I finally got around to reading the preliminary SharePoint 2010 taxonomy and metadata info on MSDN. As most of you know, MOSS 2007 had some serious challenges in this regard (e.g., no hierarchical metadata, no sharing controlled vocabularies across site collections, etc.) — and they caused information architects like me much consternation.
It would appear that SharePoint 2010 includes many new features under the umbrella of Enterprise Metadata Management, and they seem to have addressed some key issues. Here are the highlights.
1. Terms & Keywords
SharePoint 2010 has a few types of vocabularies with different levels of control:
Terms: Basic construct — a word or phrase that can be associated with content. A term can become a managed term or a managed keyword.
Managed Terms: A controlled term that can only be created by those with appropriate permissions. Term sets (think of them as taxonomy facets) are collections of related terms that can be hierarchically structured.
Managed Keywords: User-generated keywords (aka tags) kept in a non-hierarchical list called the keyword set.
What's nice is that you can easily turn a managed keyword into a managed term, which essentially sets up SharePoint 2010 as a decent platform to blend taxonomy and folksonomy approaches (more on this later).
2. Managed metadata & the Term Store
Once you have managed terms in place, you can create a new column type called "managed metadata". This column type is like the 2007 lookup, but points to the managed term sets instead of lists.
One of the biggest limitations of MOSS 2007 was the site collection boundary: lists were specific to a site collection, so in order to share metadata and taxonomy across multiple collections, you had to essentially reproduce the same lists in each collection.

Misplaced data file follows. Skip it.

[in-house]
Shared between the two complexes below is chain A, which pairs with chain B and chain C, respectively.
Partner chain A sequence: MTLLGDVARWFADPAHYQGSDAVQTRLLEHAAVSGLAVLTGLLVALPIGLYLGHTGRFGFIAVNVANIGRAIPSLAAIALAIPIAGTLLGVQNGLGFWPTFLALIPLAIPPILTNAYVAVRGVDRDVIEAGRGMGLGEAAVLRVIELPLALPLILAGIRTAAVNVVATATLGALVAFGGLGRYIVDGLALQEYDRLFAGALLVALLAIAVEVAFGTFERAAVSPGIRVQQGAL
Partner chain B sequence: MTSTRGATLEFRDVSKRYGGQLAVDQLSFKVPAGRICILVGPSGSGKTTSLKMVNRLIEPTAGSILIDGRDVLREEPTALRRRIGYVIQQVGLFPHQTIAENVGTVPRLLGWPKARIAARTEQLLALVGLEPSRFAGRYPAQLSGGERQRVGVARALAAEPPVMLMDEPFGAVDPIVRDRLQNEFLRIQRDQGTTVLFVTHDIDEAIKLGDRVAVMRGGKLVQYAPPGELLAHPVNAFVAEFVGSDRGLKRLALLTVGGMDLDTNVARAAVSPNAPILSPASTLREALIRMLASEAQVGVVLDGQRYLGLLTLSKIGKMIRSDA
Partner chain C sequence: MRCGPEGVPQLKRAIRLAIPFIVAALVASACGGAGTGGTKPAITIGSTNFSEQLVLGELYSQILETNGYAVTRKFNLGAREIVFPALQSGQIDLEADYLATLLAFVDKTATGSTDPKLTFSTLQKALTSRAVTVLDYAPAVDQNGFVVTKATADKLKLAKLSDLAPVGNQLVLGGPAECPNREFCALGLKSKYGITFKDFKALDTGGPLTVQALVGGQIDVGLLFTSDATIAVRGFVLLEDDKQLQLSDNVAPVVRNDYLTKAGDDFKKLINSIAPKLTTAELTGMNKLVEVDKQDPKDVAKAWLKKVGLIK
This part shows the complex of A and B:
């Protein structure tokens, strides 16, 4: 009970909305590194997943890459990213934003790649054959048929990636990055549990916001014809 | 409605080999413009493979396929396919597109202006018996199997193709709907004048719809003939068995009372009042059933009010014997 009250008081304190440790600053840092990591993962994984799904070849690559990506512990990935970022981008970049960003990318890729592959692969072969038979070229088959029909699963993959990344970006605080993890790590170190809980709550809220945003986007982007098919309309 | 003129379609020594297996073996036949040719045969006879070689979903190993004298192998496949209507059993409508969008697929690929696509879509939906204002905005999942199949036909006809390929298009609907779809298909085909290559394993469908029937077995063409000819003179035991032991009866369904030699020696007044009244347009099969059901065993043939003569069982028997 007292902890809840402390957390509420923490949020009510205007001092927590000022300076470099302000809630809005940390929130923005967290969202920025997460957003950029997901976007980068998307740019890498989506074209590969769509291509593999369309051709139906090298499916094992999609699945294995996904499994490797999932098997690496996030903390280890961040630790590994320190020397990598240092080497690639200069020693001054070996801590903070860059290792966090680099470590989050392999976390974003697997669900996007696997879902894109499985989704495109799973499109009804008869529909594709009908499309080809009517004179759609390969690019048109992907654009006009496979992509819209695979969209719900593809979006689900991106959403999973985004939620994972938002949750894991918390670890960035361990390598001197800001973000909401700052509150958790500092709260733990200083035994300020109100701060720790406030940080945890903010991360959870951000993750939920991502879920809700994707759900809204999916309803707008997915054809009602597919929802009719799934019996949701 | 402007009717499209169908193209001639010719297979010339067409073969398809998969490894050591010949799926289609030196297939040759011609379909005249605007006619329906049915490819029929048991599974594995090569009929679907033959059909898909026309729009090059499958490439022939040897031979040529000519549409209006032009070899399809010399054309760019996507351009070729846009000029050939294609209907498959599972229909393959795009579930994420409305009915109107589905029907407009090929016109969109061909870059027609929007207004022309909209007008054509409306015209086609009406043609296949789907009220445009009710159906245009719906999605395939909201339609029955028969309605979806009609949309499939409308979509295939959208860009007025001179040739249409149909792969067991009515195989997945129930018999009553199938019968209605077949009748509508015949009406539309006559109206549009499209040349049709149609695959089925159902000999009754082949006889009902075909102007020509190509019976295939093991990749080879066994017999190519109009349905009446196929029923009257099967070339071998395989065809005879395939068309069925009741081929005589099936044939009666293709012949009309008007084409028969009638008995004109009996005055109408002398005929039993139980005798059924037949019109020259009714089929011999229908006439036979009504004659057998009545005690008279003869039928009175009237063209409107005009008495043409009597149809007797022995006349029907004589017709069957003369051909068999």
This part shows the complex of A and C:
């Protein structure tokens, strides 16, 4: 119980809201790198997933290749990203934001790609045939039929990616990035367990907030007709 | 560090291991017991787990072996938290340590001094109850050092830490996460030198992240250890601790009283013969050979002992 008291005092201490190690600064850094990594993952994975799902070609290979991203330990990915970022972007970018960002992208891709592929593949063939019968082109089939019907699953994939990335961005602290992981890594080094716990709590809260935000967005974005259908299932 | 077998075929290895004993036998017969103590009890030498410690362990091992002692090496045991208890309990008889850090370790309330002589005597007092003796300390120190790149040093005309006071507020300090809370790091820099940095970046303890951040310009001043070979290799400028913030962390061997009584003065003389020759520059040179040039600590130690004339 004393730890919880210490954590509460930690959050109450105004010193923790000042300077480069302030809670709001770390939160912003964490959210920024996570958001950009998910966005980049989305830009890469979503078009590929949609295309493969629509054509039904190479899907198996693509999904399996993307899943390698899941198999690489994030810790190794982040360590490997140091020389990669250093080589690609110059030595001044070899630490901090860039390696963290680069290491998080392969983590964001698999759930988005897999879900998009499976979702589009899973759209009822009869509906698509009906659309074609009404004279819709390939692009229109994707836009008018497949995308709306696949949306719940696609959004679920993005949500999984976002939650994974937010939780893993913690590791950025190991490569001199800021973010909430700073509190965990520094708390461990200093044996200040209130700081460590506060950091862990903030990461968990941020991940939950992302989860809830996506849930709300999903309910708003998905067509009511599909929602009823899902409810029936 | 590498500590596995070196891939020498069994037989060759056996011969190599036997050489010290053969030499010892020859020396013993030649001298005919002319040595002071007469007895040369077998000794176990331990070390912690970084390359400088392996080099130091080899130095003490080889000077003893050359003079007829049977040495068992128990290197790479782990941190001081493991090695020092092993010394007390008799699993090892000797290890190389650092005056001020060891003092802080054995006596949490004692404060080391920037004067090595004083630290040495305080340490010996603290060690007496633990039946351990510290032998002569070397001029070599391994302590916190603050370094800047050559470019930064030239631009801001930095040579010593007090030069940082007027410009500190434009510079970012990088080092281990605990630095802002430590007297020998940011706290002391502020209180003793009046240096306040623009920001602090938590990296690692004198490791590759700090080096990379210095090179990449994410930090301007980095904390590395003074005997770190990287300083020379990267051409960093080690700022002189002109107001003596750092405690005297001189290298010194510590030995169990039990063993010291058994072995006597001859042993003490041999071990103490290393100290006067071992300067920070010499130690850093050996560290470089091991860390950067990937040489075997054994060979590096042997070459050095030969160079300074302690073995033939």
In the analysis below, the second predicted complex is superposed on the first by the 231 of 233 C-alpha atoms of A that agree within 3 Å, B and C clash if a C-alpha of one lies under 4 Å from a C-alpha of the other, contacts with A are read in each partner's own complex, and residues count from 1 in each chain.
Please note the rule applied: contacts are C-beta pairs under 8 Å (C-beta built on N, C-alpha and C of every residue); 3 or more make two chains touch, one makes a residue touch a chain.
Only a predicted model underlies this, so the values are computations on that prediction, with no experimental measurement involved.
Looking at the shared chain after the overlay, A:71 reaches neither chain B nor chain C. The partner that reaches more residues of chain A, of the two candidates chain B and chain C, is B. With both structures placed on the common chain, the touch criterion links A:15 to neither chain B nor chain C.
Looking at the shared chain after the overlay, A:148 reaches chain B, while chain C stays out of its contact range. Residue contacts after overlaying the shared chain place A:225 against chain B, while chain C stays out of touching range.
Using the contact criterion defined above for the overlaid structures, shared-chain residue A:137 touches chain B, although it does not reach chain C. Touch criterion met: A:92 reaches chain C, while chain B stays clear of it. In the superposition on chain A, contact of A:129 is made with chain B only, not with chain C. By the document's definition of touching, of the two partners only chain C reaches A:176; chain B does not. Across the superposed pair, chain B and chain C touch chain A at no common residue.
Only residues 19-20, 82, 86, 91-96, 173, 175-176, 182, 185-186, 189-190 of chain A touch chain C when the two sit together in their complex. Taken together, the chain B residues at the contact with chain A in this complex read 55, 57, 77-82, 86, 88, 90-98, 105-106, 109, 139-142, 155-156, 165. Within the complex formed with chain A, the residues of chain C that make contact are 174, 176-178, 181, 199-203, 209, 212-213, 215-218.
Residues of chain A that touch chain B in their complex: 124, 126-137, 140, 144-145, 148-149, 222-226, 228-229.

Managed term sets (and managed keywords) now live in what's called the Term Store Management Tool — a centralized database that allows term sets to be shared across a farm.
SharePoint 2010 — Centralized Metadata Repository. Image courtesy of EndUserSharePoint.com.
3. Taxonomy & Metadata Management
Within the Term Store, there are some metadata and taxonomy management functions enabled, though the documentation is not clear on how many of them are achieved.
|Create or delete term sets||Term sets can also be thought of as facets|
|Add, modify or delete terms||It is unclear however how modifications and deletions are propagated throughout content that is already tagged - this is a big problem in 2007, as changes are not reflected in tagged content|
|Arrange terms in hierarchies||It would appear that this uses a drag & drop mechanism|
|Define synonyms||Unclear as to how this works and whether it is used in the search thesaurus|
|Import terms||Via a .CSV file|
|Promote managed keywords into managed terms||Great news for those of us who want to use tags as a source of candidate terms for the taxonomy|
|Create multi-lingual taxonomies||Unclear if this is at the term level or you have to create language-specific versions of each term set… likely the latter|
My biggest concern is the whole question of integrity and change propagation, but overall this is a huge leap forward from 2007 where there was no taxonomy management to speak of. This is actually more functionality than I've seen in many very expensive CM suites, so right now on the surface, I'm rather pleased with this set of features.
I haven't seen a screenshot of the interface for tagging from a hierarchical term set, so I'm still a bit in the dark on whether it's a tree view or a panel pick list. But, Microsoft does point out that there is also type-ahead functionality for managed metadata fields, meaning that you can start typing and it will present suggestions from the managed term set, as well as show you the term's position in the hierarchy (contextual placement). This is a massive improvement over the previous tagging, which was limited to flat pick lists - cascading lists were even a customization.
- IBM: Our Verse Email Beats Anything from Microsoft, Google
- 7 Reasons Why Facebook at Work Will Fail
- Who Are the 100 Fastest Growing Software Companies?
- 7 Trends to Watch to Stay Ahead of the Digital Era Curve
- SharePoint in the Clouds: Choosing Between Office 365 or Azure
- SEO is Killing Content Quality
- What's Trending in Digital Analytics